Commander-In-Chief's Classics: Army's Moment

As the summer approaches, relive moments from the golden past of the Commander-in-Chief's Trophy series. The 1940s naturally marked Army's proudest and most successful era on the gridiron, but within the 41 seasons of CIC competition to date, the 1992 win over Navy has to rank as one of the sweetest accomplishments in West Point football history.


Of the 41 titles handed out in the history of the Commander-In-Chief's Trophy, Army has been able to lay claim to only six outright championships, placing West Point third among the service academies. For that reason, finding a classic win for the Black Knights in the CIC series is simultaneously more difficult… and more rewarding. There aren't as many epic moments to choose from, but the ones the Black Knights forged stand out in the public memory. In a 1992 classic at Veterans Stadium in Philadelphia – the longtime site of this game before Lincoln Financial Field became this game's (and the Philadelphia Eagles') new home on most occasions – the Black Knights saved some magic for the final seconds in order to escape with the victory over their archrival from Annapolis.

Despite the fact that Navy entered the 1992 Army-Navy Game with a record of only 1-9, the Midshipmen raced out to a 24-7 lead and appeared primed to win their second straight game and their third in four years against Army. With a 4-6 record entering the contest, Army wasn't going bowling in 1992. Moreover, with Air Force winning both games against Army and Navy, this game was not being played for a piece of CIC hardware. However, beating Navy will always be its own substantial reward for Army, regardless of other circumstances, and the Black Knights – then known as the Cadets - finished their ‘92 season on a perfect note.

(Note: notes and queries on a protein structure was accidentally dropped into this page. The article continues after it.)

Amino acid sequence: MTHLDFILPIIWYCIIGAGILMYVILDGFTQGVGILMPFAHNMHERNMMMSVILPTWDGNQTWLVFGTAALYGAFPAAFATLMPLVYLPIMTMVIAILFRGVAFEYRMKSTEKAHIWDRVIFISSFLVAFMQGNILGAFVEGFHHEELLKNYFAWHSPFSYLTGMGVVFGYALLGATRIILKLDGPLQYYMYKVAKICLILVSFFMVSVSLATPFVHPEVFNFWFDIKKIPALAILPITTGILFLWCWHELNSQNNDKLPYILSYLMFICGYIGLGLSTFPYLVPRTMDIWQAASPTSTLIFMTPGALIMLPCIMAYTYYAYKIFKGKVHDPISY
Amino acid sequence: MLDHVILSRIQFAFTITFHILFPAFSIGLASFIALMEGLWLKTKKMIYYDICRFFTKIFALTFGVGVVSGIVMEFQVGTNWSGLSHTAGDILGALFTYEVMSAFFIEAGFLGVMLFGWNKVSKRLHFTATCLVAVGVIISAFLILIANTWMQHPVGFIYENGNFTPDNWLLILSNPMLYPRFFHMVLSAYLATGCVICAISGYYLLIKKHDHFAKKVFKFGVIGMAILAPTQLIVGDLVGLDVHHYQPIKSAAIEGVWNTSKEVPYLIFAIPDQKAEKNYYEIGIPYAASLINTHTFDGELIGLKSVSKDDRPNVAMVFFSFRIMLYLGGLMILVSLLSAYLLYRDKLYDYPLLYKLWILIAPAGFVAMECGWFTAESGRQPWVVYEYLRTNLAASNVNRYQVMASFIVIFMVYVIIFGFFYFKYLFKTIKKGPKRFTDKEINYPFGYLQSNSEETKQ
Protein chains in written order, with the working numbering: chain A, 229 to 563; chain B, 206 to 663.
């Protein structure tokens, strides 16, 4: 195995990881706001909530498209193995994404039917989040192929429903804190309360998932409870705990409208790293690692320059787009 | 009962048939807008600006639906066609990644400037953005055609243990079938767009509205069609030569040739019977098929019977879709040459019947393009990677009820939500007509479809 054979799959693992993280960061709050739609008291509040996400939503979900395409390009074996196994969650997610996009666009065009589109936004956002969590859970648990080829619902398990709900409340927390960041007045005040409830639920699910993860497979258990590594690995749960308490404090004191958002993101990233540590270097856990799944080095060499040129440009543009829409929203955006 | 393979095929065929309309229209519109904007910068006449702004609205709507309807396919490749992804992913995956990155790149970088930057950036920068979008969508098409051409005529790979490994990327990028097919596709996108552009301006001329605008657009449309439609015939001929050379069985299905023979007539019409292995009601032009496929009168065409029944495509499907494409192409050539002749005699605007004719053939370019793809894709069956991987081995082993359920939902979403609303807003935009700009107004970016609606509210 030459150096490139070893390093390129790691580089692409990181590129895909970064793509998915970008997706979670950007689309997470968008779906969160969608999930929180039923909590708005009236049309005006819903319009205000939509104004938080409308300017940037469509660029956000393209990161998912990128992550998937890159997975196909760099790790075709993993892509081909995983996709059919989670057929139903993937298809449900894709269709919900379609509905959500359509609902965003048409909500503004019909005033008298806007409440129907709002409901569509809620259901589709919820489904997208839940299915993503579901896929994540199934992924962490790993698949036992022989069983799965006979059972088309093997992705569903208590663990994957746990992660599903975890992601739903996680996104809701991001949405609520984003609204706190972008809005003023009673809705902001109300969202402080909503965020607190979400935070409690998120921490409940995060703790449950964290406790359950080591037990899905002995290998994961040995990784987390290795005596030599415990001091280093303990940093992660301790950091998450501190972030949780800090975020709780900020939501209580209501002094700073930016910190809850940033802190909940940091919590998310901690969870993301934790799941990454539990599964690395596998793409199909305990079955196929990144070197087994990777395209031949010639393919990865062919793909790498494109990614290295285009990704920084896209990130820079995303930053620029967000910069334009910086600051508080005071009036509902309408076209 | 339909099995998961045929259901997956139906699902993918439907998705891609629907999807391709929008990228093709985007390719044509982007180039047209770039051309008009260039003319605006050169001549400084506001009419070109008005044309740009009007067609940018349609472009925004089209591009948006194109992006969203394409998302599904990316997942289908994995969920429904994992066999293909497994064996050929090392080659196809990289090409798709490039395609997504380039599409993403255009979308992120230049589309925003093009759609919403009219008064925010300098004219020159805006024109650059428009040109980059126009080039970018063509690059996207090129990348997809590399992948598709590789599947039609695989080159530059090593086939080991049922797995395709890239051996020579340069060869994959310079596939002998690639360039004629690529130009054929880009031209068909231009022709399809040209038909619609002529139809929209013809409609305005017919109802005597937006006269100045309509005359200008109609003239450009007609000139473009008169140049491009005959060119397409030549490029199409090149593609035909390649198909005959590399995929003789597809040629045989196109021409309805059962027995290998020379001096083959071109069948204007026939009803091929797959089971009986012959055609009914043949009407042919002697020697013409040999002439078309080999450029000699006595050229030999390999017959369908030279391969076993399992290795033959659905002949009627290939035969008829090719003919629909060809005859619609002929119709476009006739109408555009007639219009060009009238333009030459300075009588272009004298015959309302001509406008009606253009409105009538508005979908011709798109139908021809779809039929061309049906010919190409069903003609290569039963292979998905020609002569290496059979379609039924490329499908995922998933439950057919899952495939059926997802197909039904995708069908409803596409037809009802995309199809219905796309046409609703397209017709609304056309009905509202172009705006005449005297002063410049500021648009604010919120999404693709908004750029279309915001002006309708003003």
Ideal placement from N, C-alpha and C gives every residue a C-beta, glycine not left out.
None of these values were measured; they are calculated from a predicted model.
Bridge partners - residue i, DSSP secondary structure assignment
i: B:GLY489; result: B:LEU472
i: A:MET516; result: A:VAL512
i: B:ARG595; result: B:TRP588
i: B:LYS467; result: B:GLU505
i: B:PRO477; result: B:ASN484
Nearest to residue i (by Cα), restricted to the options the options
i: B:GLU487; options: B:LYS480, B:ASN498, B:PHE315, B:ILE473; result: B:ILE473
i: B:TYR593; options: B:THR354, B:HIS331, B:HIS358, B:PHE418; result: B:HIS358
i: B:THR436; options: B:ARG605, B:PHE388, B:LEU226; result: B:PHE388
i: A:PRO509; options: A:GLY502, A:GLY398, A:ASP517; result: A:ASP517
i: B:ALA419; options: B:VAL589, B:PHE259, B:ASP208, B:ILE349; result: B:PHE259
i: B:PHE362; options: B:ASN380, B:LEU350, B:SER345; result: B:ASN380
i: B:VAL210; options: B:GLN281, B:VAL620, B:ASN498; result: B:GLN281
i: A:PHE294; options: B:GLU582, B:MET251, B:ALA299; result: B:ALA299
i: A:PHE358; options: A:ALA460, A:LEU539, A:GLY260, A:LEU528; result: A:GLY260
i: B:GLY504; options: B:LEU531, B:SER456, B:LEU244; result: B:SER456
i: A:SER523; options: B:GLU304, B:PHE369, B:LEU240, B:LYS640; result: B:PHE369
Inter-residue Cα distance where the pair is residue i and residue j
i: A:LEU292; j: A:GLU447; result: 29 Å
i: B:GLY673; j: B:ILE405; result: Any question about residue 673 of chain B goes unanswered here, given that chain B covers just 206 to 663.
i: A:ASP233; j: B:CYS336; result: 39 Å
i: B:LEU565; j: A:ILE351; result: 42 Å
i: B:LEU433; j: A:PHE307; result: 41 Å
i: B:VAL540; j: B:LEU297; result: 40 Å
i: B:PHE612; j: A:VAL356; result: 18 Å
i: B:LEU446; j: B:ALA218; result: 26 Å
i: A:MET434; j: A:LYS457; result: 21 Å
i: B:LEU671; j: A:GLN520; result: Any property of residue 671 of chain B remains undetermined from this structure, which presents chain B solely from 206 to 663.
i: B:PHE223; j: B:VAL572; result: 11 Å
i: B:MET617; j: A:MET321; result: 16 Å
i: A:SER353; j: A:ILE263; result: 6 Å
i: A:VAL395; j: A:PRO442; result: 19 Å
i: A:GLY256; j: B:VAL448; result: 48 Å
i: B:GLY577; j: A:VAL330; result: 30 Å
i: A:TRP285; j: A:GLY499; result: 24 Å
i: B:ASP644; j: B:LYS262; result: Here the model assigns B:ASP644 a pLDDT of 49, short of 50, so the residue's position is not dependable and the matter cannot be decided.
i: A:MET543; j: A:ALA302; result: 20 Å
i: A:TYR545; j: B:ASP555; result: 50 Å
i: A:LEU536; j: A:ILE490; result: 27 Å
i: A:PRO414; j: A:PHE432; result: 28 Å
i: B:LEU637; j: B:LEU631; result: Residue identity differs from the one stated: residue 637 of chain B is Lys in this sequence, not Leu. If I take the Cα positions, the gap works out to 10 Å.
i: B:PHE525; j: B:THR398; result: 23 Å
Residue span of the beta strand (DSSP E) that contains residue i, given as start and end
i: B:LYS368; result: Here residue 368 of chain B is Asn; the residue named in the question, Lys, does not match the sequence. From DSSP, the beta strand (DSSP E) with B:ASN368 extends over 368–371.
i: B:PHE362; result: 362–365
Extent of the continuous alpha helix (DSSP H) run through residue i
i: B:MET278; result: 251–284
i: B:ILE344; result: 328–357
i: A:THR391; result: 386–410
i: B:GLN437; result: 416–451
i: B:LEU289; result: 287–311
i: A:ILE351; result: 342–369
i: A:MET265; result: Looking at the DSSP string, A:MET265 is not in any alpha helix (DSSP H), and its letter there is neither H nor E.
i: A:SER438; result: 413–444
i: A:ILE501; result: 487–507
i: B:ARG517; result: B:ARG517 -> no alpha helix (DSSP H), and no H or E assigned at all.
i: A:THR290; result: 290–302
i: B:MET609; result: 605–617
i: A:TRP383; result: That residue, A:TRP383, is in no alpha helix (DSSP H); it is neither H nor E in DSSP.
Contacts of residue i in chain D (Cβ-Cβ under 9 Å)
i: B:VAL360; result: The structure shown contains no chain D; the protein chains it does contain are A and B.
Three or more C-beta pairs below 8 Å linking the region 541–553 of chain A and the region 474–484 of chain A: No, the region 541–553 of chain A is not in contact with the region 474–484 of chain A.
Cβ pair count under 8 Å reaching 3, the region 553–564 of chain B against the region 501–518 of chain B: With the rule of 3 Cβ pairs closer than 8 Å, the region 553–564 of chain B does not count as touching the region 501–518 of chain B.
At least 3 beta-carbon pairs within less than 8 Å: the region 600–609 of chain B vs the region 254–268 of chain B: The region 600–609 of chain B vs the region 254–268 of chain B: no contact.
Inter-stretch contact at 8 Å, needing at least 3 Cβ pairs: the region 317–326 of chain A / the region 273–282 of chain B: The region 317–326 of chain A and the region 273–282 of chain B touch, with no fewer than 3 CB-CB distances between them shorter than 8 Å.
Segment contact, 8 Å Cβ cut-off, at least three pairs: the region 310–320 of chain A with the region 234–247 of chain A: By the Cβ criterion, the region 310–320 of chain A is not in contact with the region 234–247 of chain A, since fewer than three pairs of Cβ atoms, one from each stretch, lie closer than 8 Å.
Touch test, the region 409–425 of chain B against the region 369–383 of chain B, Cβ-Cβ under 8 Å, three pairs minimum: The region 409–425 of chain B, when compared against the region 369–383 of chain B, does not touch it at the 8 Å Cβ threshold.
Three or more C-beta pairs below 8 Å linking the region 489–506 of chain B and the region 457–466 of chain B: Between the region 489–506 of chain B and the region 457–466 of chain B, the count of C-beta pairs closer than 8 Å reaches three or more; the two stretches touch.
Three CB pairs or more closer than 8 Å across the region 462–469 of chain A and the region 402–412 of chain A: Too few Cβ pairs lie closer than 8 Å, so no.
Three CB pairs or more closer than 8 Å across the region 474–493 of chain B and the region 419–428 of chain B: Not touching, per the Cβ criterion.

Army raced back with 15 points to trim its deficit to two, at 24-22, midway through the fourth quarter, setting up the final dramatic moments of a Saturday that will endure in West Point lore. The Black Knights began their final drive on Navy's 33-yard line, just a first down away from a very manageable field goal and a shot at victory. After only getting to the 27, Army lined up for a game-winning 44-yard field goal attempt that was anything but a gimmie, and the surging optimism that burst forth a few minutes earlier was tempered by the realization that a missed field goal would leave Army's season in tatters. However, when placekicker Patmon Malcolm answered the call and drilled that 44-yarder through the uprights, it appeared Army had completed the improbable comeback. Sweet victory had finally arrived in the most exhilarating way imaginable.

Or so the Cadets thought.

A delay of game penalty pushed Army back five yards and made a tough 44-yarder an even more daunting 49-yard try. If the pendulum swing of emotions had been intense when Navy stopped Army to force that 44-yard kick, preventing the Cadets from being able to kick a chip shot for a comparatively easier win, the emotional whiplash at "The Vet" was even more severe following Army's penalty. It was as though every single obstacle to victory would turn The Long Gray Line into the long gloomy line of dejected cadets at game's end. The worst-case scenario – of victory not just denied, but pulled away after its taste had been sampled – was all too real.

Patmon Malcolm would have none of that.

Army's kicker flashed the cold blooded nerves needed to follow up the prior make with a 49-yard dagger to give Army a 25-24 victory. The steely display of excellence in crunch time only made Army's triumph that much sweeter. The victory would kick start a five-game winning streak for Army over the Naval Academy in the 1990s. Interestingly enough, placekicking acquired an unusually large level of importance in that stretch of the Army-Navy Game, and West Point regularly owned the better boots on the ground… and in the air.





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